Bleasdale’s Groovy Verdelho


If the trendy sommeliers of Sydney and Melbourne are consistent, they will be lining up to buy Bleasdale’s new verdelho: 2013 Bleasdale Old Vine Verdelho ($29 at the cellar door).

My bet is that they won’t be queueing. Why not? Because Bleasdale (tastings) is not a sexy name. And its region, Langhorne Creek, is decidedly unfashionable. But this wine satisfies the usual criteria for inclusion on groovy restaurant wine-lists.

It is an obscure variety – or at least, good verdelho wines are rare. It is a variety that is regional, and suited to Langhorne Creek, a variety that grows well in warm climates and is disease resistant, which means fewer sprays are needed. It’s a limited release (120 dozen), single vineyard, single block wine. And it’s delicious. It’s clean and fresh and lively, with lemon-sherbet and white-pepper aromas, the palate fresh and energetic, clean and soft, seamless and pure (tasting note on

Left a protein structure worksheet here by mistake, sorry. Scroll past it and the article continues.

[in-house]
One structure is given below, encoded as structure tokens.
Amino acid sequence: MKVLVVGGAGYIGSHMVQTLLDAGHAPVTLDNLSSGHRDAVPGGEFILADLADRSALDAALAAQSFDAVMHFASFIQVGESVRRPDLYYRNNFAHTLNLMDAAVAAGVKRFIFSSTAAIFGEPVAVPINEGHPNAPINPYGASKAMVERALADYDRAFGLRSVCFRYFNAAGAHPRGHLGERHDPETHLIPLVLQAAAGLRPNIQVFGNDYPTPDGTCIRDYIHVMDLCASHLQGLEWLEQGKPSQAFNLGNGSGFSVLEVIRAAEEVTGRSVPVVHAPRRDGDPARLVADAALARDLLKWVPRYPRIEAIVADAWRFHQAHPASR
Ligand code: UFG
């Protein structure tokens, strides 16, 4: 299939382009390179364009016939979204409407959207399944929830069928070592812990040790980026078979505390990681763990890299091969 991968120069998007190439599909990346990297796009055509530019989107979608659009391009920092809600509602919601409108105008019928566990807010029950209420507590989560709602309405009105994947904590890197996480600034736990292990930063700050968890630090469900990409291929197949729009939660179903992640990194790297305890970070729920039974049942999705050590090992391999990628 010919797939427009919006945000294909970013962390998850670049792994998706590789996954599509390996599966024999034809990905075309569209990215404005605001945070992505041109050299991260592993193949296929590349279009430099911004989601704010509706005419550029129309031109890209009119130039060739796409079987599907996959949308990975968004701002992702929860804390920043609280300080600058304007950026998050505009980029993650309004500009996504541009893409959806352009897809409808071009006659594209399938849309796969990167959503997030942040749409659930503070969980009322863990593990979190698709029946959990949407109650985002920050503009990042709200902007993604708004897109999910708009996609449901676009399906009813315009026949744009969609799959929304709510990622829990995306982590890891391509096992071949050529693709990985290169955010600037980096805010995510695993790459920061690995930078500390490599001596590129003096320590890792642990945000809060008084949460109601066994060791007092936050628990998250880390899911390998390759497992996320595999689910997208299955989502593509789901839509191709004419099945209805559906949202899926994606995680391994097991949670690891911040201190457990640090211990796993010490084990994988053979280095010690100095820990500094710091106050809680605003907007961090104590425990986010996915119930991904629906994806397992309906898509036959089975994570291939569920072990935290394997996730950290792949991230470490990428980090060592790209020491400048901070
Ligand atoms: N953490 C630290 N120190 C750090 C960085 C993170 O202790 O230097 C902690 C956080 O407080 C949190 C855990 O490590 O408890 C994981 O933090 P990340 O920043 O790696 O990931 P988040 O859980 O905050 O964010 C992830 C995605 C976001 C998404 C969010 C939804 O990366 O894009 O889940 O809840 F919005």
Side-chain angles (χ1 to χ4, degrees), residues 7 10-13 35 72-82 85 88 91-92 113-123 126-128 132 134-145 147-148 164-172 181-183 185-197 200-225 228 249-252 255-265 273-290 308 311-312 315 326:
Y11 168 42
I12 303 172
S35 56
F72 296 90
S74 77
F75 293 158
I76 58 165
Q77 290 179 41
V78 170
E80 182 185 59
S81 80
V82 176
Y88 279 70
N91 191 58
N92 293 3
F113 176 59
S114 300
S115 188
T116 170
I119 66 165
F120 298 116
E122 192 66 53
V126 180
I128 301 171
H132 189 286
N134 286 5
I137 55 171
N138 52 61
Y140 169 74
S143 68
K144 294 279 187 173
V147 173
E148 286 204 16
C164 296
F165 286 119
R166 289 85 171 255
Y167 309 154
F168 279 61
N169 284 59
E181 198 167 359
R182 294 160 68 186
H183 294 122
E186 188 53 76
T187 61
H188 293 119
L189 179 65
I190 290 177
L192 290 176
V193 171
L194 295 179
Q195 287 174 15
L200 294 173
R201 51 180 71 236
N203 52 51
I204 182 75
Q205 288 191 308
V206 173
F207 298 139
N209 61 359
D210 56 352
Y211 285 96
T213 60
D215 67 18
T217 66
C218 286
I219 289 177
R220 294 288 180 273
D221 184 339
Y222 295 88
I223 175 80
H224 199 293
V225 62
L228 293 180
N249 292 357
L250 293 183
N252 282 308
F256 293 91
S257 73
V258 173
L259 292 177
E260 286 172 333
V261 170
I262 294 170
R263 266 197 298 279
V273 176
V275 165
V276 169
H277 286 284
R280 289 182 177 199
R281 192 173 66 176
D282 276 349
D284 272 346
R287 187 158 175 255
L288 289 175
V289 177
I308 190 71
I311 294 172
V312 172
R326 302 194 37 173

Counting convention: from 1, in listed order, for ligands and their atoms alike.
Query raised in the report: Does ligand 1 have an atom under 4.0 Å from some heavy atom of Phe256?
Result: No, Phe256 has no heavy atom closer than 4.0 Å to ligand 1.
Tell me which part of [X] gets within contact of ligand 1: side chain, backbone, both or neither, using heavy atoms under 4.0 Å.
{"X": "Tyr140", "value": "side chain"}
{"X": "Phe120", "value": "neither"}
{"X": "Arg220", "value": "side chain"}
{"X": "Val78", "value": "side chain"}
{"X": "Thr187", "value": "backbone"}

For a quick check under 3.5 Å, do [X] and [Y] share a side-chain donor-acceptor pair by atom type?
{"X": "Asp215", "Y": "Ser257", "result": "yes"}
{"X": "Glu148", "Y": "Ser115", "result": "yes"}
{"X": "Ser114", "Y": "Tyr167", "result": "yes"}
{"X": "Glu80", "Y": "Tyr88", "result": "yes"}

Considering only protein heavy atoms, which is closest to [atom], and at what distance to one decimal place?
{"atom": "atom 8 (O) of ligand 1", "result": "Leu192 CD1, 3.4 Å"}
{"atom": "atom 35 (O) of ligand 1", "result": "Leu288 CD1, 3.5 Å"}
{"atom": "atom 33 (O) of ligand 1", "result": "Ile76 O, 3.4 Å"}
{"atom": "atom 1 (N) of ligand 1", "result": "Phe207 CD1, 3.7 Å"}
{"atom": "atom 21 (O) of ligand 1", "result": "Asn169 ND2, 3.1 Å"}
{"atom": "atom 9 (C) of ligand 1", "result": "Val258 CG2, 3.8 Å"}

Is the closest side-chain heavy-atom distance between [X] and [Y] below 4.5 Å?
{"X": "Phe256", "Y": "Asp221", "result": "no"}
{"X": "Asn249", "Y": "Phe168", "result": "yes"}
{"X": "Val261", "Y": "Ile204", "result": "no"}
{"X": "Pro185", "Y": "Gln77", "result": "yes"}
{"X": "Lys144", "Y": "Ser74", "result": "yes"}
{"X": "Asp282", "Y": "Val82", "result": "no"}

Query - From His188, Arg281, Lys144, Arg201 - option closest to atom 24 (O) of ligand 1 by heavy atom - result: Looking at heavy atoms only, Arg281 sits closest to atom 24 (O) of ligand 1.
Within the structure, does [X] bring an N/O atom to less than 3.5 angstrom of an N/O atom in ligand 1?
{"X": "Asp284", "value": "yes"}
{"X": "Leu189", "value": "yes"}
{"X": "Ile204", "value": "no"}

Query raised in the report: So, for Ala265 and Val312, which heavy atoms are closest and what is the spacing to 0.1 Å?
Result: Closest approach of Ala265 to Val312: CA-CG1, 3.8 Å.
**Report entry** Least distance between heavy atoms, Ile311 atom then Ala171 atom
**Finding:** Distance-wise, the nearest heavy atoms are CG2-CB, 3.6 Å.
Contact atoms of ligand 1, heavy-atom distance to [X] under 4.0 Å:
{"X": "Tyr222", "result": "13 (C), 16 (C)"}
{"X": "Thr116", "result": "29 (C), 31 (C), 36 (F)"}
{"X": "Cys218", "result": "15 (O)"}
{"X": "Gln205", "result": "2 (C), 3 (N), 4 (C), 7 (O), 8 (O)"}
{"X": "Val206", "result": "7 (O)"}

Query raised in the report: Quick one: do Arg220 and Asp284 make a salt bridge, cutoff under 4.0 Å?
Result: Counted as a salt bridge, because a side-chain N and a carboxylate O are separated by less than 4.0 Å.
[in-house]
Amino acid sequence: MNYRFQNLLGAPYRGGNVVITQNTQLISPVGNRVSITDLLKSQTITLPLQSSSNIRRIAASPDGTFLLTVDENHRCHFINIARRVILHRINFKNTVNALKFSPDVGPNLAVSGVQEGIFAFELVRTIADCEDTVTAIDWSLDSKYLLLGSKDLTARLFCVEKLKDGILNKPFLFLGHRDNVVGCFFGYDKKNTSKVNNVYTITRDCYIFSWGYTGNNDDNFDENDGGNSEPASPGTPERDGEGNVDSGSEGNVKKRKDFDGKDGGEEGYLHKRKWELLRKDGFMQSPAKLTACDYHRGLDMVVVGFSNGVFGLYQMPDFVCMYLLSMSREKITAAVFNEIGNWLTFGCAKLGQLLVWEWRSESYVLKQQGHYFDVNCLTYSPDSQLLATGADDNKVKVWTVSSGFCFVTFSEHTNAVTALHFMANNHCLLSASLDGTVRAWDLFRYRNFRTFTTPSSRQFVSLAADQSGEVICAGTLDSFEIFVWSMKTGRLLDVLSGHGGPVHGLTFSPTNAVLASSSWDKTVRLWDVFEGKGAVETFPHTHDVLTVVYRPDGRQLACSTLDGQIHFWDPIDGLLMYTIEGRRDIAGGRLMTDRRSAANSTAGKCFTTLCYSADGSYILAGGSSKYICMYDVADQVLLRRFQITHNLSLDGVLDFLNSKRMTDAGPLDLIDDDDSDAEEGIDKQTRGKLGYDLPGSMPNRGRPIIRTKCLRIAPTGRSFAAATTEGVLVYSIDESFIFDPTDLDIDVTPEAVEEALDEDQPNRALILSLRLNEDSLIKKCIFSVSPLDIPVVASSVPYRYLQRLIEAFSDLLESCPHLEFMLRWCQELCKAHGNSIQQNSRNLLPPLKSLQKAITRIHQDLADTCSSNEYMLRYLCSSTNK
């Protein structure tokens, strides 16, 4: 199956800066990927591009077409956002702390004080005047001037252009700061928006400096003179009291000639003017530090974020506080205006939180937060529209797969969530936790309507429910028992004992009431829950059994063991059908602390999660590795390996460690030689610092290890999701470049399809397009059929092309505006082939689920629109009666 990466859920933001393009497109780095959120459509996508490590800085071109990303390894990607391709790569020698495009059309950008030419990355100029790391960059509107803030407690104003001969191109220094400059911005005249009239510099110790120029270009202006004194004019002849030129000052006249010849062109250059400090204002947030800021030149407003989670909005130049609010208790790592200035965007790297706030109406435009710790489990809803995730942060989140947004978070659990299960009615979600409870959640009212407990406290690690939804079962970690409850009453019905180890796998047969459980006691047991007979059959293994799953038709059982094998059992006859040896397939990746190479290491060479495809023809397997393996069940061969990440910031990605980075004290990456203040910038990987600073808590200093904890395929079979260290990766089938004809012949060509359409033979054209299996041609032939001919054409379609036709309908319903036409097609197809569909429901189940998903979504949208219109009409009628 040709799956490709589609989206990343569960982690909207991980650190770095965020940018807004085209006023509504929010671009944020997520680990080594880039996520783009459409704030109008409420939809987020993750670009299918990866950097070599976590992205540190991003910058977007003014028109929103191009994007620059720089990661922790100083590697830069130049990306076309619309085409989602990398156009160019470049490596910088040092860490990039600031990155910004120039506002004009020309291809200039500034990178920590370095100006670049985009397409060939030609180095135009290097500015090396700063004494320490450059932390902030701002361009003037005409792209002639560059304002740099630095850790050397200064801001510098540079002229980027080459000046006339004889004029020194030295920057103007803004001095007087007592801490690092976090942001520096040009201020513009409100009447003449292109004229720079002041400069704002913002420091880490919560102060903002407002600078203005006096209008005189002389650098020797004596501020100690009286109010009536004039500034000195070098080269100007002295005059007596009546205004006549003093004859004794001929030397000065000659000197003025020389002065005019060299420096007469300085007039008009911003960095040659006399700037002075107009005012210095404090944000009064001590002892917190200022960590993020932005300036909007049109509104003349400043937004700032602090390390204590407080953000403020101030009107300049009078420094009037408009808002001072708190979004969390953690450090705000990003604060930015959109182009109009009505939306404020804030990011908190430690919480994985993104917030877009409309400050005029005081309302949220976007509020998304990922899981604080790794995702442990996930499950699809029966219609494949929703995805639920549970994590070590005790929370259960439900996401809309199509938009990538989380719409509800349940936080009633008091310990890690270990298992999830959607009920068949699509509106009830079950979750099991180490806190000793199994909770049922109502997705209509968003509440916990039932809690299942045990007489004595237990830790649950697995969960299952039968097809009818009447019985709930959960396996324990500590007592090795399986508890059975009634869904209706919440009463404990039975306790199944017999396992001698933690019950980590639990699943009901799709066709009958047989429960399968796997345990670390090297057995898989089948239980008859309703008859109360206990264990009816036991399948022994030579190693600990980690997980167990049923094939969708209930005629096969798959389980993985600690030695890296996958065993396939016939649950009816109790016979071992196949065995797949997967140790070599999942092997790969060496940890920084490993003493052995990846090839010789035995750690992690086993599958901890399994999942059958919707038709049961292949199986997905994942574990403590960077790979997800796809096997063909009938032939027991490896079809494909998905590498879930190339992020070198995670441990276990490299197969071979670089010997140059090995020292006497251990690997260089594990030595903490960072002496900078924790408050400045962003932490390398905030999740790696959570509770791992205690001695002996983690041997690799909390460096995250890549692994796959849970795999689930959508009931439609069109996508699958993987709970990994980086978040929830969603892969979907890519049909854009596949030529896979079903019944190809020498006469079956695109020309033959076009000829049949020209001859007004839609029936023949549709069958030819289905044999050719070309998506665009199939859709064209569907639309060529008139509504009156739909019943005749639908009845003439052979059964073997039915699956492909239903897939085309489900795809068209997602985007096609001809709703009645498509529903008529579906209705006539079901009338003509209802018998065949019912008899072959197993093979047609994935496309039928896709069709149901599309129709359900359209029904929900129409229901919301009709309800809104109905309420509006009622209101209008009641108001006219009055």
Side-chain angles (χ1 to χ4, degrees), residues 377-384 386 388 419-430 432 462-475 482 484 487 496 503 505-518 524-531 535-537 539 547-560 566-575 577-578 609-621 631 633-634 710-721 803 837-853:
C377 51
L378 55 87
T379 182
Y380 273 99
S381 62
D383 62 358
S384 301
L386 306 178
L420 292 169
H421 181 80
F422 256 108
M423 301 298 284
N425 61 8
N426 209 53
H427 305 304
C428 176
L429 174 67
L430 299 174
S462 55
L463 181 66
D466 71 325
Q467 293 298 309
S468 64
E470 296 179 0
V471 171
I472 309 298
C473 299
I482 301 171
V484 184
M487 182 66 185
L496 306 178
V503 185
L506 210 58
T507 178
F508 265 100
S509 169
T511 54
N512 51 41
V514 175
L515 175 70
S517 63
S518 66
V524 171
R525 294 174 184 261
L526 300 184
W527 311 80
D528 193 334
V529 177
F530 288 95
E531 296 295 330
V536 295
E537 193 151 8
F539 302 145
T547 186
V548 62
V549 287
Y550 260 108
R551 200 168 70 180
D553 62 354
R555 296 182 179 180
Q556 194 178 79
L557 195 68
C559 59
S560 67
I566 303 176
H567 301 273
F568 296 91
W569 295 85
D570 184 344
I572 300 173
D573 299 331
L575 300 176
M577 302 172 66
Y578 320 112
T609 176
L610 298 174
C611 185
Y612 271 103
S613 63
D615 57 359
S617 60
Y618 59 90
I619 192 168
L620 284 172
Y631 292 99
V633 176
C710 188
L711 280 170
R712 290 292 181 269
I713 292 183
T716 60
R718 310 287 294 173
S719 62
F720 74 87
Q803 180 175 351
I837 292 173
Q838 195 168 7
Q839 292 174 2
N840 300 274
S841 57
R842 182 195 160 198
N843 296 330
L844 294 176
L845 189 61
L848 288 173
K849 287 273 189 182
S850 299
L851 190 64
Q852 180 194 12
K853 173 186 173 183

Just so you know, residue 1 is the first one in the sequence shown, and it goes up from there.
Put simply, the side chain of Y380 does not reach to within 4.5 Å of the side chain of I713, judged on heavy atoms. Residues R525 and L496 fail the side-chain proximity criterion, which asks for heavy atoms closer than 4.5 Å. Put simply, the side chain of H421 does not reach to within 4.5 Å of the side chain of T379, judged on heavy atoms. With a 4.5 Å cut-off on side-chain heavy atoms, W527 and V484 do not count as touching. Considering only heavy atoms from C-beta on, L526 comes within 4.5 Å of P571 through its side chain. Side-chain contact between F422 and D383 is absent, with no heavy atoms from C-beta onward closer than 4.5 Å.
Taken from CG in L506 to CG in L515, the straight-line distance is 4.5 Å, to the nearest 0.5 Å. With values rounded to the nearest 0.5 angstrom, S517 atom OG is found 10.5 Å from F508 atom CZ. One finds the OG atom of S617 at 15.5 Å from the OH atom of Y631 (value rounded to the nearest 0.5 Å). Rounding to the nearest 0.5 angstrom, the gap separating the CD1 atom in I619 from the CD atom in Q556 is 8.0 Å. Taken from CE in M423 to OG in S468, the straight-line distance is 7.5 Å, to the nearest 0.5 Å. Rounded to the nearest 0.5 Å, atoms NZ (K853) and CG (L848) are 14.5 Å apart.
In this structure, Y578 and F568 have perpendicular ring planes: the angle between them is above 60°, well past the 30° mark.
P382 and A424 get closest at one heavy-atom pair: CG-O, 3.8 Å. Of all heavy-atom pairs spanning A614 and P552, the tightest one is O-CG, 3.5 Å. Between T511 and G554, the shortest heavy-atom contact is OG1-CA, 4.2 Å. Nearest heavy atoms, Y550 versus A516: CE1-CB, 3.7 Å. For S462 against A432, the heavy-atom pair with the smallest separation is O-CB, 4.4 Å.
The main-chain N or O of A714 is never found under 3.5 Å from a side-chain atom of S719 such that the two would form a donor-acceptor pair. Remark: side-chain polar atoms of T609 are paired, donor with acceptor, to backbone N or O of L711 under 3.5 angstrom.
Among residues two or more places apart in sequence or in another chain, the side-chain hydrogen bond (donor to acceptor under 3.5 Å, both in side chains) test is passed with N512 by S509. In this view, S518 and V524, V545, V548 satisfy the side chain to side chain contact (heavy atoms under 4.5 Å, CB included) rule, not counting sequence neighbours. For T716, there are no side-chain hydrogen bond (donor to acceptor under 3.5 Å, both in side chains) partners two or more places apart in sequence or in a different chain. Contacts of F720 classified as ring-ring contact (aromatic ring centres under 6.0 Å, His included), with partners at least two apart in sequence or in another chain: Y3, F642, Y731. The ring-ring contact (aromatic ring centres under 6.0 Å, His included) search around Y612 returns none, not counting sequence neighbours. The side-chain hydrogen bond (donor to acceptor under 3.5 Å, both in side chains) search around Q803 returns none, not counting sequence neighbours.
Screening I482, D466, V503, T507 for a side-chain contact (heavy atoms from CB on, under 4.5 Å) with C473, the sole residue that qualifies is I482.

There’s no oak or residual sugar to obscure the fruit, and no fancy ester-producing yeasts have been used to exaggerate the aromatics. It’s a pure expression of the variety and it’s the result of a special project by senior winemaker Paul Hotker, to fix up the trellises and put some irrigation in place.

According to Hotker, verdelho was the first white variety ever planted at Langhorne Creek, and these vines are Bleasdale’s oldest, planted in 1930. And Bleasdale is Australia’s second-oldest family owned winery (after Yalumba), established in 1850. Now there’s a wine with a story. 

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